With that very important piece of information imparted to you, I’ll return to the beginning. After about a month living on the incredibly gorgeous island of Sumatra in Indonesia, Jess and I decided that it was high time for an update on our escapades. And since we have hardly been separated since our arrival in Indonesia, it seems only right that we share a blog as well. So this will be a combination of perspectives – the same lived experience through the voices of two (very) different people.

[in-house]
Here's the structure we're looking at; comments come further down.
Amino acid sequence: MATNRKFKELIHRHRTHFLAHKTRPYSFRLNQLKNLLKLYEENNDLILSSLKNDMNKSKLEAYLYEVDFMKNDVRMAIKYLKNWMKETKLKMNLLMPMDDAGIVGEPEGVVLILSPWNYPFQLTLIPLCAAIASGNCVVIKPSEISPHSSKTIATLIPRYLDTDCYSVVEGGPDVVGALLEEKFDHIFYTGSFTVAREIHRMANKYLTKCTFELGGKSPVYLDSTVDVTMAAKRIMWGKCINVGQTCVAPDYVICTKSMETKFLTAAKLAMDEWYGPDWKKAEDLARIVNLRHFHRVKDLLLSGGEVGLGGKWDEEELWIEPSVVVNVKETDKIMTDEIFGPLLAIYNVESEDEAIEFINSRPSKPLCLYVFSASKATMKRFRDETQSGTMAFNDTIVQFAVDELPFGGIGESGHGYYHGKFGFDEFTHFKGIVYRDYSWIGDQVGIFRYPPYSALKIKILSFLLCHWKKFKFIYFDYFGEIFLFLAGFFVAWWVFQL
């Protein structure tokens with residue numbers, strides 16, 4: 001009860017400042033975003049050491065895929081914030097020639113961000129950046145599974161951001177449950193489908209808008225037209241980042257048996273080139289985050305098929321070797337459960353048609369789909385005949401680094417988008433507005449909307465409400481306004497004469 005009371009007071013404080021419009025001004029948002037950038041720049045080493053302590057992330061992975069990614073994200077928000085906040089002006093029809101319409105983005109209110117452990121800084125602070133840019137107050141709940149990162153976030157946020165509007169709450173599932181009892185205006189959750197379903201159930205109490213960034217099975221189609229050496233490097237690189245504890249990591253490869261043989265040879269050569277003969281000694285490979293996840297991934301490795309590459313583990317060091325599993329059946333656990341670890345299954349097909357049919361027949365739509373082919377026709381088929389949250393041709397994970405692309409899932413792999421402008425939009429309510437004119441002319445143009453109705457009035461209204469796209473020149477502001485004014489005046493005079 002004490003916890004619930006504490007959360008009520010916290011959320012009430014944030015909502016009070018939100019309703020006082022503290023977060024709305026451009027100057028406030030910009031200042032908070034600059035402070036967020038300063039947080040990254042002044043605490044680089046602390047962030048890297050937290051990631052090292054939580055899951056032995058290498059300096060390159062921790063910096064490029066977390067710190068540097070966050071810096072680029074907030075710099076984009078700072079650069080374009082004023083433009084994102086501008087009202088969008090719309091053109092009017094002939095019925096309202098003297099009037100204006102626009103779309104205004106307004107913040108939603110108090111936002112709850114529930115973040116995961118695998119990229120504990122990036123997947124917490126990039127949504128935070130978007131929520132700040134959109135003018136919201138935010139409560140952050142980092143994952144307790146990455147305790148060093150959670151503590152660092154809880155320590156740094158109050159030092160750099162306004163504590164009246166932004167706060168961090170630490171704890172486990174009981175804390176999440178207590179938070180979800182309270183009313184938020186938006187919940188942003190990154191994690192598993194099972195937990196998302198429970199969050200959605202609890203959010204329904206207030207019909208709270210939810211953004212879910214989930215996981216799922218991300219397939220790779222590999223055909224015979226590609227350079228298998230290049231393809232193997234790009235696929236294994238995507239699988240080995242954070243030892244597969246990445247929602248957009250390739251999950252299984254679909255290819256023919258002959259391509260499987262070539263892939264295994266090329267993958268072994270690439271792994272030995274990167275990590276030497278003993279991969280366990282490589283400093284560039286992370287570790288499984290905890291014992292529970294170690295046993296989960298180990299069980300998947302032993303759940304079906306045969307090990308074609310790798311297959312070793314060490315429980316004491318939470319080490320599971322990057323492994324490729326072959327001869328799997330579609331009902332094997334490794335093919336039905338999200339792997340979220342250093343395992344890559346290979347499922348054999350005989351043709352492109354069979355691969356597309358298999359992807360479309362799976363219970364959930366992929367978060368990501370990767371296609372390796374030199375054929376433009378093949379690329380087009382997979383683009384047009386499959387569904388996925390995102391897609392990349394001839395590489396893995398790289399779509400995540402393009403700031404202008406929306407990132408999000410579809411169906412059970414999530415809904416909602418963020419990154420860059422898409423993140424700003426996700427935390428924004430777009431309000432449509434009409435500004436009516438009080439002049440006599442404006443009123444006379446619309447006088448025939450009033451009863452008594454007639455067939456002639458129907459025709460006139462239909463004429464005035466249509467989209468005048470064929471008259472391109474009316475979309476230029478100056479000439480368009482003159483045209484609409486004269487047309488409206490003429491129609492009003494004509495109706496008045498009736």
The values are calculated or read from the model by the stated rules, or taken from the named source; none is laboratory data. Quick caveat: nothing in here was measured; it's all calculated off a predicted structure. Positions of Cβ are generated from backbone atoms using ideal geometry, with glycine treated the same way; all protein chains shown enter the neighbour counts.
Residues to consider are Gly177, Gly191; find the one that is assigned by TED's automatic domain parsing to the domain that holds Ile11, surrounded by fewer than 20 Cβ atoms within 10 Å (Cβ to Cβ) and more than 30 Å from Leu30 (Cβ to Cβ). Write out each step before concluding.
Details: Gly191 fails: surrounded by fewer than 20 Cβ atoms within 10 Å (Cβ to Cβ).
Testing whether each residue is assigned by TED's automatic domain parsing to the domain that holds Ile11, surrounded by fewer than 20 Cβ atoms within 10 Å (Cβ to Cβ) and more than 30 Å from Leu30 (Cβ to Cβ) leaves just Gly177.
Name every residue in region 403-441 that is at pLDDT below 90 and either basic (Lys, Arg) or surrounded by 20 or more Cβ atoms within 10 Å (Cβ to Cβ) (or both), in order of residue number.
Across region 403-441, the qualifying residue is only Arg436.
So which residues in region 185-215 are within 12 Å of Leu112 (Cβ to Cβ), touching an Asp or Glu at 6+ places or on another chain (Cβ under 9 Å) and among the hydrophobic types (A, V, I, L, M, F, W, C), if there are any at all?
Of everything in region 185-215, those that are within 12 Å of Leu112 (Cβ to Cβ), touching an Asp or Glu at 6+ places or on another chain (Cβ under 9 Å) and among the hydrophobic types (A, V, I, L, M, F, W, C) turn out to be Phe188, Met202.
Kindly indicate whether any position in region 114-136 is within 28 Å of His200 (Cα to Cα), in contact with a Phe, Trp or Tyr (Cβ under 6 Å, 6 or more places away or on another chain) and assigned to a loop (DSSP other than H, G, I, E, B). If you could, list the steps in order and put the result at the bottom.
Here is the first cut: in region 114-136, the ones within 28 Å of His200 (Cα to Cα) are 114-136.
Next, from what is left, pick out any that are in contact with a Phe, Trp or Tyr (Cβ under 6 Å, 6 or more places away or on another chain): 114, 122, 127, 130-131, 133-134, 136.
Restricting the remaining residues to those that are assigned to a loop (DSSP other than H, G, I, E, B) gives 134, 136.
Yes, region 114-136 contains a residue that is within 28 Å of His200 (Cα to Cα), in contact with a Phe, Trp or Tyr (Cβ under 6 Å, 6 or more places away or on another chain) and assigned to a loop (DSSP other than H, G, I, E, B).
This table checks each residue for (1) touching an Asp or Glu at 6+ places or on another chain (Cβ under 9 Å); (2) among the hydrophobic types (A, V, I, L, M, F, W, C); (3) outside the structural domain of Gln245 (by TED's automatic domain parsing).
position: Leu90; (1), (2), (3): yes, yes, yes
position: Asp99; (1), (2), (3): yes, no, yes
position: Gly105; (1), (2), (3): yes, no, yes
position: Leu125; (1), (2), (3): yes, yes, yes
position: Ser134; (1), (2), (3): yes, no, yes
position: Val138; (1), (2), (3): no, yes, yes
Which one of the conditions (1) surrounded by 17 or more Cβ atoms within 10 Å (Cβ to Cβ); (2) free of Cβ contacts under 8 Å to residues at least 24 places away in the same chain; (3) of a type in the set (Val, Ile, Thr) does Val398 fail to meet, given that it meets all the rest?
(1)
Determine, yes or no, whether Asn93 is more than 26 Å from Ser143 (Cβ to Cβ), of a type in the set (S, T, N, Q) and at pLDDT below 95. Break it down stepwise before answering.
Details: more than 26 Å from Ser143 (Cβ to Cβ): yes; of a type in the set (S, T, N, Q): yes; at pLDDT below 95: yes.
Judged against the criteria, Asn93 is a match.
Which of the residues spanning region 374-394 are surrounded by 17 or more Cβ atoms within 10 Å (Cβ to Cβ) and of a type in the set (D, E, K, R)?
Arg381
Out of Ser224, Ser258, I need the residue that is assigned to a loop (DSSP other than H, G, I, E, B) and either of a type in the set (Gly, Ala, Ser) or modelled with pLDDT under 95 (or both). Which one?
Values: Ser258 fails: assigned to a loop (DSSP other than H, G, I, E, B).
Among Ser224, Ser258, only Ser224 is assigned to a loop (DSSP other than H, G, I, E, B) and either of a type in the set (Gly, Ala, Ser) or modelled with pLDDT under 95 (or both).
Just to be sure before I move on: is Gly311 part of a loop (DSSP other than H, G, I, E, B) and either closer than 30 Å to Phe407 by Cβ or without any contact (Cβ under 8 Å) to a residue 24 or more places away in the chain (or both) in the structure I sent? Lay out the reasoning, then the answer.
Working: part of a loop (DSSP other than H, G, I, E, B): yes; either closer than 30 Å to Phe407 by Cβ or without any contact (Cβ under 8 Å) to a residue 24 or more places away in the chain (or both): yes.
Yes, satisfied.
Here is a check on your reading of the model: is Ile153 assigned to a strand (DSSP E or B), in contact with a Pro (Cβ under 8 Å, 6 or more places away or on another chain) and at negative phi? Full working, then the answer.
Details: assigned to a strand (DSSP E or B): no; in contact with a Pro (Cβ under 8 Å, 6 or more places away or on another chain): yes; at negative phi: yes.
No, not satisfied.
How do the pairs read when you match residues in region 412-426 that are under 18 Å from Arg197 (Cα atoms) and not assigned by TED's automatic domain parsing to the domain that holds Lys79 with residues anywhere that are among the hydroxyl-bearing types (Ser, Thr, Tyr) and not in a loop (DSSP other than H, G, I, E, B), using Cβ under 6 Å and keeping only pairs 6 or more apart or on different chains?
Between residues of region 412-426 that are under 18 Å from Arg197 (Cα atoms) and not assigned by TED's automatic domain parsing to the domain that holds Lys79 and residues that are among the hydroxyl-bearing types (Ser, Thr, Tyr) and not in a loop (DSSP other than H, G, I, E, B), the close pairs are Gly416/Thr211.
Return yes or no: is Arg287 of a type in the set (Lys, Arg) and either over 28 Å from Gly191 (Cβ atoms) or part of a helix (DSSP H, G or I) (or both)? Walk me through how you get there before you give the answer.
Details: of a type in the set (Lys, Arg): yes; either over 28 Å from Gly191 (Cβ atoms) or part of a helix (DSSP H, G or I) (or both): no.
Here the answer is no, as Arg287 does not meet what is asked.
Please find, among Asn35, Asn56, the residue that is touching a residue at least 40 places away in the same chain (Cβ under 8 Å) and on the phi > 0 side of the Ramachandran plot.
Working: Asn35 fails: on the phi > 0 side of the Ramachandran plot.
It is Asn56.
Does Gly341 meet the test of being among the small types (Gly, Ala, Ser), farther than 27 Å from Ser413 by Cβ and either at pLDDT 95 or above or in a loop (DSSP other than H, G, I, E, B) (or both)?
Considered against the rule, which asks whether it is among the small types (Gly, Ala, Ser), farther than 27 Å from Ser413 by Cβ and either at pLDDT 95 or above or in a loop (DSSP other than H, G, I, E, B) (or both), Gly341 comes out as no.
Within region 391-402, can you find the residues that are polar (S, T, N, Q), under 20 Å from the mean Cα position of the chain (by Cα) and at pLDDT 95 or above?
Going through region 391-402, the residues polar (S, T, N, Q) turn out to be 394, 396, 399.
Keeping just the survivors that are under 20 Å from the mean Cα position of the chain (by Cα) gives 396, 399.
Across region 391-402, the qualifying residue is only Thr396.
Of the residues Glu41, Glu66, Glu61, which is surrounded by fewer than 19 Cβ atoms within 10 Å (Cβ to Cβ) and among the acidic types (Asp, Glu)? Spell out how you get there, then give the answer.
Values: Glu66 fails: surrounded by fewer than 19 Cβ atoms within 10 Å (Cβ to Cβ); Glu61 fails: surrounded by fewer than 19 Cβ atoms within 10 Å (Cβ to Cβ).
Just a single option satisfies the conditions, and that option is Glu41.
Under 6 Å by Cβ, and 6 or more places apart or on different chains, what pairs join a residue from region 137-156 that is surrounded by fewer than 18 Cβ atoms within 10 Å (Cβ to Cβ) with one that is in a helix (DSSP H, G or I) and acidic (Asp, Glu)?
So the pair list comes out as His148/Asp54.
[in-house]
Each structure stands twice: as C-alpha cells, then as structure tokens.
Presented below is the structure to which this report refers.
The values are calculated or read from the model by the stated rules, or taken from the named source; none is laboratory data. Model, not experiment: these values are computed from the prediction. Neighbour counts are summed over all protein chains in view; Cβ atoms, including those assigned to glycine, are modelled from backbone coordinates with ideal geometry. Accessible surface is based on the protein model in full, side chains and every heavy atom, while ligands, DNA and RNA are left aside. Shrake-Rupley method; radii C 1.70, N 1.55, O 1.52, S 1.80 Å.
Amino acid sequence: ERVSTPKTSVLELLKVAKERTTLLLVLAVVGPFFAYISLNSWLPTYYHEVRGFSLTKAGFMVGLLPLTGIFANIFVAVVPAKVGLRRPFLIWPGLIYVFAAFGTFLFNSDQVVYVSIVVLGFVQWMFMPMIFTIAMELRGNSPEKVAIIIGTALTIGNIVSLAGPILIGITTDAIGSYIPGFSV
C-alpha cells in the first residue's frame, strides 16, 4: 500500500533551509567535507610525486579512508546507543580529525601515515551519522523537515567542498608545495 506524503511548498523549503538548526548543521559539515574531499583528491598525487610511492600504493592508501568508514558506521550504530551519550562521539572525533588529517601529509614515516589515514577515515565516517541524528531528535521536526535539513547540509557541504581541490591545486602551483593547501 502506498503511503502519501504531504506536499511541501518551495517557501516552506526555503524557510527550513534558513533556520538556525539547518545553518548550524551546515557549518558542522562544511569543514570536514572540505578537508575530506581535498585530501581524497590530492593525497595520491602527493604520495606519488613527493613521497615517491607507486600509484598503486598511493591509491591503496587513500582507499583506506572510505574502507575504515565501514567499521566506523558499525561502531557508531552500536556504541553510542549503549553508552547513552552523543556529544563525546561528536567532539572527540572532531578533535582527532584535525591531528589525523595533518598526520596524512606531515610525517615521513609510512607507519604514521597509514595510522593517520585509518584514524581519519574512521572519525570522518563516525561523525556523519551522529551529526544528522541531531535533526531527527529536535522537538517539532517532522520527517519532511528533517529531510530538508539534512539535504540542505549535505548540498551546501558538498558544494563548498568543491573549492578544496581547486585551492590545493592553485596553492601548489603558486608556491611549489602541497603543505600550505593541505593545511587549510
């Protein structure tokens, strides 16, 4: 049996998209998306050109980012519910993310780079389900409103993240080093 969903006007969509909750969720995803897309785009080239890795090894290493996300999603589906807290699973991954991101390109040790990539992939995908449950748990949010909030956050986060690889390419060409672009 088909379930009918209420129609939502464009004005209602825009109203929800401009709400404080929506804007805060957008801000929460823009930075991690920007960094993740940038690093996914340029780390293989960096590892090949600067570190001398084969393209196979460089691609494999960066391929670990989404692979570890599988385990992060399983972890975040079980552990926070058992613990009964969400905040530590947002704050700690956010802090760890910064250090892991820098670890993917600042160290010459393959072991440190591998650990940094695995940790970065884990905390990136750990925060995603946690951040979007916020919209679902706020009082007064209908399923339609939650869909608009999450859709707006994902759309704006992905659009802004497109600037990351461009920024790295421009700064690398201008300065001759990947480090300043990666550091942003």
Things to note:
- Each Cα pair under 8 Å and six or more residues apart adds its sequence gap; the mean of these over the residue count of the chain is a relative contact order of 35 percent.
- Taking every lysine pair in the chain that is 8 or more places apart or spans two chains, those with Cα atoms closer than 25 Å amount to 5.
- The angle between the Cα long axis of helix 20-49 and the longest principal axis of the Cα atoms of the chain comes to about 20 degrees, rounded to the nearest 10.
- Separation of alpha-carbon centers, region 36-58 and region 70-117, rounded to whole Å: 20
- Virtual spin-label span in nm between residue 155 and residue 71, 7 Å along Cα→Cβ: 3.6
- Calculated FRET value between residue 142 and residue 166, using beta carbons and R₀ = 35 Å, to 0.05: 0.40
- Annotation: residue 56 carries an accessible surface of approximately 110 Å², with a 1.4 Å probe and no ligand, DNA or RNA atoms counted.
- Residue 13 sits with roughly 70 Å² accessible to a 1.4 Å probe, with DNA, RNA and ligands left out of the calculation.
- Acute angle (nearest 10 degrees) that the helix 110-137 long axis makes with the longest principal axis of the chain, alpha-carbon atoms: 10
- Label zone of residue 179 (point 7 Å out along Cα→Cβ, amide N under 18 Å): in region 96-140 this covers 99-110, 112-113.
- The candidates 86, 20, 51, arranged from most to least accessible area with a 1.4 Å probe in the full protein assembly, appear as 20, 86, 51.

For those of you who have not heard from me what it is that I’m doing in Indonesia, I’ll give you the short overview: Jess and I were both selected for positions as interns with Samaritan’s Purse (SP) in their agriculture program. We’ve been placed with one of SP’s amazing partner organizations in Indonesia, who works in both child development and education, as well as sustainable agriculture. Our role here is to support our local collaborators in creating a training centre for farmers on sustainable agricultural tecniques. For now, that means assisting with experiments in aquaponics, drip irrigation, bio-char, vermicomposting, and the use of moringa and chaya plants. This program  is sponsored in part by the (former) Canadian International Development Agency, as part of both their youth employment strategy, and their desire to promote sustainable development throughout the world.